Jump to main content or area navigation.

Contact Us

Pacific Southwest, Region 9: Superfund

Serving Arizona, California, Hawaii, Nevada, the Pacific Islands, and Tribal Nations

Crazy Horse Sanitary Landfill

EPA #: CAD980498455

State: California(CA)

County: Monterey

City: Salinas

Congressional District: 17

Other Names:

Bulletin Board

Links

Description and History

NPL Listing History

NPL Status: Final

Proposed Date: 06/24/88

Final Date: 08/30/90

Deleted Date:

The 125-acre Crazy Horse Sanitary Landfill site has operated as a sanitary landfill since 1950. Prior to 1950, the site was used as an open burning dump for approximately 20 years. The landfill is owned by the City of Salinas and is operated by Salinas Disposal Services. The facility currently receives approximately 162,000 tons of refuse a year and is scheduled to be closed in 2010. In 1977, the landfill received a permit from the State of California allowing the landfill to accept various wastes. Some pesticide containers have been disposed of at the facility. Reportedly, from the early 1970s to 1982, the Firestone Tire & Rubber Company disposed of large quantities of waste on the site from its vulcanizing process, which included rubber, carbon black and other fillers, oils, and mixed solvents. This material consisted of wastes containing mainly benzene and toluene. In 1987, off-site properties with contaminated wells were purchased by the City of Salinas in 1987. Since 1987, Pacific Energy has operated and maintained a gas collection system and an electric generation plant on the site. Land surrounding the site is used for residential and agricultural purposes. Approximately 6,200 people obtain drinking water from private wells located within three miles of the site.

The EPA has deferred to the state lead agency for this site, the California Regional Water Quality Control Board, Central Coast Region, San Luis Obispo, CA.

Top of page

Contaminants and Risks

Contaminated Media
  • Groundwater
  • Air

Air and groundwater on site are polluted with volatile organic compounds (VOCs). Potential health threats include ingesting, coming into direct contact with, and inhaling contaminated groundwater and groundwater vapors. Concentrations of contaminants in the air are not high enough to pose a significant health threat.

Top of page

Who is Involved

This site is being addressed through Federal, municipal, and potentially responsible parties' actions. The State is the lead agency for this site, and therefore is the primary contact.

Top of page

Investigation and Cleanup Activities

This site is being addressed in two stages: initial actions and a long-term remedial phase focusing on cleanup of the entire site.

Initial Actions

Initial Actions: Approximately six acres of the landfill were closed in 1988 and covered with a high-density, polyethylene membrane and two feet of soil. Dewatered, digested, sewage sludge was placed on top of the area to promote revegetation. The southeastern edge of the area was lined with bales of straw to retard surface water runoff. The City also pumped water from wells in an attempt to stabilize the groundwater contamination. Six extraction wells initially were installed as an interim measure, followed by the installation of 17 additional wells to completely capture the migrating plume. Adjacent residential wells were either permanently sealed or converted into extraction or monitoring wells. Contaminated water was pumped from the extraction wells and treated by air stripping. Treated water is stored in collection tanks and then either reinjected into the ground through 27 recharge wells or used for dust control.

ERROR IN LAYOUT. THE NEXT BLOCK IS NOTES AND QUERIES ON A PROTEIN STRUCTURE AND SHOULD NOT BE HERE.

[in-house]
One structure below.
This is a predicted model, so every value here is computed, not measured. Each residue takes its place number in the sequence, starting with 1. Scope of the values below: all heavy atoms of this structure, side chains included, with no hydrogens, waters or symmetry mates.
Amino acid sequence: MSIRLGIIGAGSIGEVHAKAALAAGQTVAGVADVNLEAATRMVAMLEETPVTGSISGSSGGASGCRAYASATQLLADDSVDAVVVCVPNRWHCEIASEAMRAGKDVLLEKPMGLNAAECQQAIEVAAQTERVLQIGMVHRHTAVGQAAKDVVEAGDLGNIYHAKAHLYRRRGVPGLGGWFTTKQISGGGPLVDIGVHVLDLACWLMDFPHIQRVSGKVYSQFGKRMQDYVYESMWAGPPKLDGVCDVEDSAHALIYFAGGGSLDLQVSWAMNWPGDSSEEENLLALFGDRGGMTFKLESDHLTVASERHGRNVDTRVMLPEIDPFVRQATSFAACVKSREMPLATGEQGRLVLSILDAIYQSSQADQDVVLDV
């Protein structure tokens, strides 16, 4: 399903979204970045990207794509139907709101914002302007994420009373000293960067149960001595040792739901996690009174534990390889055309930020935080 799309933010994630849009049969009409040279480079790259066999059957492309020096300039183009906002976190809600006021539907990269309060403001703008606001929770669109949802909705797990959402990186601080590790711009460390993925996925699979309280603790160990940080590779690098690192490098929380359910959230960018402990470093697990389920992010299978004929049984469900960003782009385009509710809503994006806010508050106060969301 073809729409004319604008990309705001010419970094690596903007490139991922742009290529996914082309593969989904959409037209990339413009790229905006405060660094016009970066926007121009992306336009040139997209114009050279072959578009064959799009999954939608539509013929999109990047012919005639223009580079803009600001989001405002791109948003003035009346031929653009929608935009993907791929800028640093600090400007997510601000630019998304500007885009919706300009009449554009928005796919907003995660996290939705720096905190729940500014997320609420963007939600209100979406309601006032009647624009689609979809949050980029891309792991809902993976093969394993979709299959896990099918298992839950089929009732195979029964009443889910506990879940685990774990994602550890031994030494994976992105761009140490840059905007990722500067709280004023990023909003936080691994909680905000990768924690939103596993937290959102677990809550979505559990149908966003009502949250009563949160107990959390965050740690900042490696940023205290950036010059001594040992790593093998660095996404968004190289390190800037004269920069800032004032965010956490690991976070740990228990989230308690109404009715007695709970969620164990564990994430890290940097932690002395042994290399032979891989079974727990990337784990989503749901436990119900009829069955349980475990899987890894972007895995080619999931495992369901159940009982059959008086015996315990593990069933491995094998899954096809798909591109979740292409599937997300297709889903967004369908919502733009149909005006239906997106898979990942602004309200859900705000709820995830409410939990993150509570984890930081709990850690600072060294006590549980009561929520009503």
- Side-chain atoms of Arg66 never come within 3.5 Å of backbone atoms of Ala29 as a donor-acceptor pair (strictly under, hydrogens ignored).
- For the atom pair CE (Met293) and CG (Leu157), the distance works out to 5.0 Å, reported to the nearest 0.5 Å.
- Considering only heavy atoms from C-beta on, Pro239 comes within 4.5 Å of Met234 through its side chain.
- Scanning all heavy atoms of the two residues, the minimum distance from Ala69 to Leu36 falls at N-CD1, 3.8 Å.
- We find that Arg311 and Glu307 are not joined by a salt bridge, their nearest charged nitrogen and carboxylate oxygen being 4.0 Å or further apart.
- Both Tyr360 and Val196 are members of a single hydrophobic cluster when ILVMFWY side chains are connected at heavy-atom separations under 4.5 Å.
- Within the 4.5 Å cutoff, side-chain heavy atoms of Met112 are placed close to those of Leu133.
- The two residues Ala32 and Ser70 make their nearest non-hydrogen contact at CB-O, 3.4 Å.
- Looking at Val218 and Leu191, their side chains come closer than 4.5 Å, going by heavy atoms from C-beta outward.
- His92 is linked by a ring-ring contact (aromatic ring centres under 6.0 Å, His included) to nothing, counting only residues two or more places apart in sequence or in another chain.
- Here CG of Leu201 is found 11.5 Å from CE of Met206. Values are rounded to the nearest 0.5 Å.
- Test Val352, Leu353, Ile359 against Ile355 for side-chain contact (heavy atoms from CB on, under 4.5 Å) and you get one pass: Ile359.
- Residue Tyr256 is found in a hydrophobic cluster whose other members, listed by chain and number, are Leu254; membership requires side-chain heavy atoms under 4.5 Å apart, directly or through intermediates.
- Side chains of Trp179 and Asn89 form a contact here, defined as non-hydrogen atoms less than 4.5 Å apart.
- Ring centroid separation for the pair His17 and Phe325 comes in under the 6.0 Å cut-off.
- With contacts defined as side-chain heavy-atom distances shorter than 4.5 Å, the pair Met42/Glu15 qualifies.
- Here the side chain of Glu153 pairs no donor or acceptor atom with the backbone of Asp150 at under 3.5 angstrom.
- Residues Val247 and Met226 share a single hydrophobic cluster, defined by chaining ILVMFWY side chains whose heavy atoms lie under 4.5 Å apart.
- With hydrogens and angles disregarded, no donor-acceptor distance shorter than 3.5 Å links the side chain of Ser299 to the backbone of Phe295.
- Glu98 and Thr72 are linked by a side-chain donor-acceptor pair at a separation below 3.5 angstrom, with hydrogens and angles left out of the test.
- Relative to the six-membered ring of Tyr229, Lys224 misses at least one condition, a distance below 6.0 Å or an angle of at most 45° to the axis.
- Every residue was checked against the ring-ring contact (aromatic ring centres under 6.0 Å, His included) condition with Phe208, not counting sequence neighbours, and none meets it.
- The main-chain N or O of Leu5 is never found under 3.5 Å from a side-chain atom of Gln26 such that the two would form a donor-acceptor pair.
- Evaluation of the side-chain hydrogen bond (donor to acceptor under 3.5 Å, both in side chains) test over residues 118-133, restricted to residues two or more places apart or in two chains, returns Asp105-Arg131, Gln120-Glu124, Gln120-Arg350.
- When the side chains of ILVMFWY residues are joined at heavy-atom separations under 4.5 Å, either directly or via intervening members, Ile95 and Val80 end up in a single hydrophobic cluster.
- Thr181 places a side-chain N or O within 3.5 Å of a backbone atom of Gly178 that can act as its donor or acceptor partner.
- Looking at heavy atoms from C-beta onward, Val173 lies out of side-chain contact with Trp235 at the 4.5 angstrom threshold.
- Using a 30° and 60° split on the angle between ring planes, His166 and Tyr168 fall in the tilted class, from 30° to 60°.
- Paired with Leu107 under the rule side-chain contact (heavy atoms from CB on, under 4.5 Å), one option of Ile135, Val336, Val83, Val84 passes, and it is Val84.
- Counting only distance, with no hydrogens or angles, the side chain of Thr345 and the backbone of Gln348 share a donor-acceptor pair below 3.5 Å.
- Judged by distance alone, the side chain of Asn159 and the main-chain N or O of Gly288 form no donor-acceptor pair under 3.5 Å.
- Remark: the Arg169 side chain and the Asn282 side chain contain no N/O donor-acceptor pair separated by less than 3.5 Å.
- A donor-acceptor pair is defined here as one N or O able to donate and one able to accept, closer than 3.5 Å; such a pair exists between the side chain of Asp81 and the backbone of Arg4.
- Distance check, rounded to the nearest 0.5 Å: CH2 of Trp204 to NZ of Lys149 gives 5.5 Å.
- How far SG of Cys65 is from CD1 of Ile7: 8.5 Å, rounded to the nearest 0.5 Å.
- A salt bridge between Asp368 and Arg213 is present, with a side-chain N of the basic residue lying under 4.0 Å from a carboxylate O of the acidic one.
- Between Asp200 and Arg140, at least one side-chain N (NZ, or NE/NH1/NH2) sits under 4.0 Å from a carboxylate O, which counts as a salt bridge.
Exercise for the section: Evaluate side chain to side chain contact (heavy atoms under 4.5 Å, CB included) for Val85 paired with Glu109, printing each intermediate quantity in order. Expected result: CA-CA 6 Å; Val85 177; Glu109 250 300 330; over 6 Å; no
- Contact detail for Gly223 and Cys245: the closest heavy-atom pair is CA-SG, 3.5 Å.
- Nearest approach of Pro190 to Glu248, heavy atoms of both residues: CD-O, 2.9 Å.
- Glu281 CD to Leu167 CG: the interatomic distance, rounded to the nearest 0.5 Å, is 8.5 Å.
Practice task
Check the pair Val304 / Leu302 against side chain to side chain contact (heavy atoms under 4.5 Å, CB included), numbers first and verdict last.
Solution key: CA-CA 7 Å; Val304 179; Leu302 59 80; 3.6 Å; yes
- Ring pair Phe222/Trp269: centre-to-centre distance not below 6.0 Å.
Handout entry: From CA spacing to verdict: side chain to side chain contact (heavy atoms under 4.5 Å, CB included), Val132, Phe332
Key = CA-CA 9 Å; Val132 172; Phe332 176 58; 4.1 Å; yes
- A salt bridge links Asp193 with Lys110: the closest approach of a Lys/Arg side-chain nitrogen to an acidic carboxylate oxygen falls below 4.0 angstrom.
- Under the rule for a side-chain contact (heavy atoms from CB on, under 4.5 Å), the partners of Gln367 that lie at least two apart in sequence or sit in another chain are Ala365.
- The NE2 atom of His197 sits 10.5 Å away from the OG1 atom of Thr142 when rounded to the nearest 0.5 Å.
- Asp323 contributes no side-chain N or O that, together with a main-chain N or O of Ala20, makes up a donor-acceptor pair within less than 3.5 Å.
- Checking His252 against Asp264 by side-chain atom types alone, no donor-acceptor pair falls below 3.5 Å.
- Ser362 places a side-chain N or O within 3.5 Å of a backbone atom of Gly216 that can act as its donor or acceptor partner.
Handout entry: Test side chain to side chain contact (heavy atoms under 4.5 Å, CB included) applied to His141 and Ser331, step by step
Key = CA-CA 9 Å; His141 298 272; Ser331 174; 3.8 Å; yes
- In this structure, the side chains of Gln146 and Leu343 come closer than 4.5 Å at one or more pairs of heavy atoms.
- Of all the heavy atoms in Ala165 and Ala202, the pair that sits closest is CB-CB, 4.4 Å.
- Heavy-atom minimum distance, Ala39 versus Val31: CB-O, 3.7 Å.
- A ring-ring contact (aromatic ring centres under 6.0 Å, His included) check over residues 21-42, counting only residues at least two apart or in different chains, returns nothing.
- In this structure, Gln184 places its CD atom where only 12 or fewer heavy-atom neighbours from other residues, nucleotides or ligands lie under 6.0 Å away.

Site Studies

Entire Site: EPA is reviewing the effectiveness of the initial actions to determine whether additional cleanup measures are needed.

Top of page

Cleanup Results to Date

Covering portions of the landfill and treating the groundwater have reduced the potential of exposure to contaminated materials at the Crazy Horse Sanitary Landfill site while investigations are being completed.

Top of page

Potentially Responsible Parties

Potentially responsible parties (PRPs) refers to companies that are potentially responsible for generating, transporting, or disposing of the hazardous waste found at the site.


The PRP for this site is the Salinas Valley Solid Waste Authority (SVSWA). Online information about the PRPs for the site is not yet available.

Top of page

Documents and Reports


No documents found

Top of page

Community Involvement

Public Meetings:

Top of page

Public Information Repositories

The public information repositories for the site are at the following locations:

State of California CRWQCB,
Central Coast Region,
82 Higuera Street, Suite 200,
San Luis Obispo, CA 93401-5414

The most complete collection of documents is the official EPA site file, maintained at the following location:

Superfund Records Center

Mail Stop SFD-7C

95 Hawthorne Street, Room 403

San Francisco, CA 94105

(415) 820-4700

Enter main lobby of 75 Hawthorne street, go to 4th floor of South Wing Annex.

Additional Links

Top of page

Contacts

EPA Site Manager
Rachelle Thompson
415-972-3962
Thompson.Rachelle@epamail.epa.gov
US EPA Region 9
Mail Code SFD
75 Hawthorne Street
San Francisco, CA 94105
EPA Community Involvement Coordinator
David Yogi
415-972-3350
1-800-231-3075
Yogi.David@epamail.epa.gov
US EPA Region 9
Mail Code SFD-6-3
75 Hawthorne Street
San Francisco, CA 94105
EPA Public Information Center
(415) 947-8701
r9.info@epa.gov
State Contact
PRIMARY CONTACT: Martin Fletcher
(805) 549-3694
mfletcher@waterboards.ca.gov
PRP Contact
Community Contact
Other Contacts
After Hours (Emergency Response)
US EPA
(800) 424-8802

Top of page



Jump to main content.